Results: The literature review revealed that autonomy is an important topic for person-centered approaches. Nevertheless, autonomy and self-determination, and therefore self-management, are conceptualized in dissimilar ways, as they depend on different perspectives on personhood in dementia. Although, detailed descriptions of personhood are missing.

Conclusion: This literature review provides clarification within the social health discourse in dementia by identifying conceptual overlaps between different conceptions of autonomy, self-determination and personhood. Moreover, these results help to consolidate an understanding of social health by emphasizing the importance of societal attribution and the perception of personhood.

SS3.4. Charting new territory: measuring outcomes that have meaning

WOODS Robert, MONIZ-COOK Esme, ØKSNEBJERG Laila and members of the INTERDEM JPND outcomes working group

The dramatic increase in the volume of research evaluating psychosocial interventions for people with dementia and their supporters makes it now possible to identify evidence-based interventions that can be recommended and perhaps funded. Facilitating this step-change was the development of self-report quality of life scales for people with dementia. This was only possible through the change of attitude, that belatedly recognized that many people with dementia are perfectly capable of giving a consistent and clear account of life from their perspective. This perspective may be different from that of others around them, but this does not render it invalid.

It is tempting to continue to use the quality of life scales that have been developed and which have already proved useful. However, their limitations must be recognized if we are to understand better what outcomes are meaningful for people living with dementia. These limitations include: the provision of standard domains, implicitly assuming that each of us weighs the different facets of our lives in the same way, and that we all attach importance to the same things; the strong influence of long-standing factors, such as strength of self-concept and quality of relationships; and the inherent difficulty in understanding how immediate day-to-day factors in our surroundings balance against future plans and expectations and past achievements and regrets. A person-centred approach requires us to seek to understand the complexity of factors that feed into quality of life and well-being. This paper explores three promising areas for development: firstly, using more frequent, momentary assessment to tap into day-to-day fluctuations in well-being, and associated factors; the development of individualized outcomes, allowing each person to say what would be ‘good’ for them; and methods for helping the person draw together the raw data about their situation before making the evaluative judgements that scales require.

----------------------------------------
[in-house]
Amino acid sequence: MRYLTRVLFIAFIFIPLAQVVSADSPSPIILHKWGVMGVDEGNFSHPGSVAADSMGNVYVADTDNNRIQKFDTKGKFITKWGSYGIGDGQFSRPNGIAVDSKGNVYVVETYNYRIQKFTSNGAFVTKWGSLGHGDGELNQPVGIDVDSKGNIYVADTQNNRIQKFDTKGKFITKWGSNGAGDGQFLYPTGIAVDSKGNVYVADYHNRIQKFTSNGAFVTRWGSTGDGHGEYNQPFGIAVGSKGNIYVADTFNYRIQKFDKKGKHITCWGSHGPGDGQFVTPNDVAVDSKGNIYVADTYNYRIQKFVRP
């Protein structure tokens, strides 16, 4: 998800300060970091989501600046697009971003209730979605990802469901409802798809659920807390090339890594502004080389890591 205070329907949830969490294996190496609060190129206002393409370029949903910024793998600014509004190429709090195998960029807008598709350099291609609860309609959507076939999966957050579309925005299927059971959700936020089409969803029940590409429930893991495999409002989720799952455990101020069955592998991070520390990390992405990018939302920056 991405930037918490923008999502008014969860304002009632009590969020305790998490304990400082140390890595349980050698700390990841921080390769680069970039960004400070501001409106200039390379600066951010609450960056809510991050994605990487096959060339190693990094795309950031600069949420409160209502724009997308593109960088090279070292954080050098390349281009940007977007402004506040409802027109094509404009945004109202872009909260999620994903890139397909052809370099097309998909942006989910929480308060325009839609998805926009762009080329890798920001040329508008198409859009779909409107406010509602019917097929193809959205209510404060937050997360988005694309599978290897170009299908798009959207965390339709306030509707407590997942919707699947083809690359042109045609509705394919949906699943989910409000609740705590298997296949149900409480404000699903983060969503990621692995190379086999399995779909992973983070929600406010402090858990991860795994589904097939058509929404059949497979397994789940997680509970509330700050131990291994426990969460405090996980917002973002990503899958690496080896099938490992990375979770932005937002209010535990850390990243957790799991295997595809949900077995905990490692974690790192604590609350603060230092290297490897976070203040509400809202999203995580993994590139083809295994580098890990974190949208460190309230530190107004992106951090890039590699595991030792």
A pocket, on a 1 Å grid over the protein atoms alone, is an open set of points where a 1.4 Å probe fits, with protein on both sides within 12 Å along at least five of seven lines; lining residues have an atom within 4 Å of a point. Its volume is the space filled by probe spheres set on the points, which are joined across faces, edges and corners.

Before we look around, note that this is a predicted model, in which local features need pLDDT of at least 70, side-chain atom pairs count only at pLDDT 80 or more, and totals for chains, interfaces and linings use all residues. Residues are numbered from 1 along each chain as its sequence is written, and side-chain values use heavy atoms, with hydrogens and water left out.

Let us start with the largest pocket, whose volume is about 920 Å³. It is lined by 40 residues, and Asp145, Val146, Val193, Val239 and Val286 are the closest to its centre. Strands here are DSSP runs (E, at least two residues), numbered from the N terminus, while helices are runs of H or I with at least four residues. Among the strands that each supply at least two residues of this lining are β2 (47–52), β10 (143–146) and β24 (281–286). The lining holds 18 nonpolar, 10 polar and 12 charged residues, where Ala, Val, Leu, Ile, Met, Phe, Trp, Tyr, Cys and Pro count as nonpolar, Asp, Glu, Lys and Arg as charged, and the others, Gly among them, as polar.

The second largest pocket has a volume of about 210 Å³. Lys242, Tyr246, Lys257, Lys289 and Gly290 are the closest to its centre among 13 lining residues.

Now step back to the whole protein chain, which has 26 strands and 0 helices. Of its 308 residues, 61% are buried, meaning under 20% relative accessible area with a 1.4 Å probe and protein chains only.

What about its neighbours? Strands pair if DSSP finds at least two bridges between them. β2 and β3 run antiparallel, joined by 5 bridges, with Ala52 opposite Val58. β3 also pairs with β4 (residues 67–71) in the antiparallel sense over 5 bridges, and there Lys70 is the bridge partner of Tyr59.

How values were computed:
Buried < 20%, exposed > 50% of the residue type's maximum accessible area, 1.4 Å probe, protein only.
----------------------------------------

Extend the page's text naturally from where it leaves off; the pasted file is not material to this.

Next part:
SS3.5. Social health in dementia:  operationalization of the concept and directions for research and practice

DRÖES Rose-Marie, CHATTAT Rabih, GRAFF Maud, MURPHY, Kathy, VERBEEK Hilde, VERNOOIJ-DASSEN Myrra, JOHANNESSEN Aud, CHARRAS Kevin, on behalf of the Interdem Social Health Task Force

Background: Dementia greatly impacts the lives of people living with it. A variety of factors determines how people adapt to the changes dementia entails. Recently, Huber et al. (2011) proposed reformulating the WHO definition of Health (‘complete physical, mental and social wellbeing’) towards a more dynamic one based on the ability to physically, mentally and socially adapt and self-manage. To operationalize this new health concept, more specifically the social domain, for people with dementia, and formulate directions for research and practice, INTERDEM (a European network of researchers focusing on timely psychosocial interventions) installed a special taskforce. The results of this collaborative action are presented.

Method: A first survey among members of the INTERDEM Social health task force (n=54) clarified their expertise in dementia research regarding the three Social Health dimensions described by Huber et al.: 1) the capacity to fulfil one’s potential and obligations; 2) the ability to manage life with some degree of independence; 3) participation in social activities. Of the 43 respondents 84% had conducted research on Social Health. Based on their expertise, theme groups were formed that each worked on operationalizing one of the Social Health dimensions by means of a second survey and literature study. During a consensus meeting, the results were discussed, and after that submitted for review to the European Working Group of People with Dementia (EWGPWD).

Results: The dimensions of social health were well operationalized for dementia and very relevant according to both the Social health task force and the EWGPWD. Factors that may influence the person with dementia’s social health are e.g. increasing cognitive disabilities, coping ability, living situation, accessibility to social activities and a dementia friendly supportive social and physical environment. For each dimension interventions promoting social health, and knowledge gaps needing further investigation, were identified.

Conclusion: The concept of Social Health with its three dimensions appears very relevant for people with dementia and helps to identify factors influencing aspects of social health and effective interventions. Identified gaps indicate the need for further research and practice development.

 

 
 

Last Updated: Tuesday 10 January 2017

 

 
  • Acknowledgements

    The 26th AE Conference in Copenhagen received funding under an operating grant from the European Union’s Health Programme (2014-2020). Alzheimer Europe and Alzheimerforeningen gratefully acknowledge the support of all conference sponsors.
  • European Union
  • Roche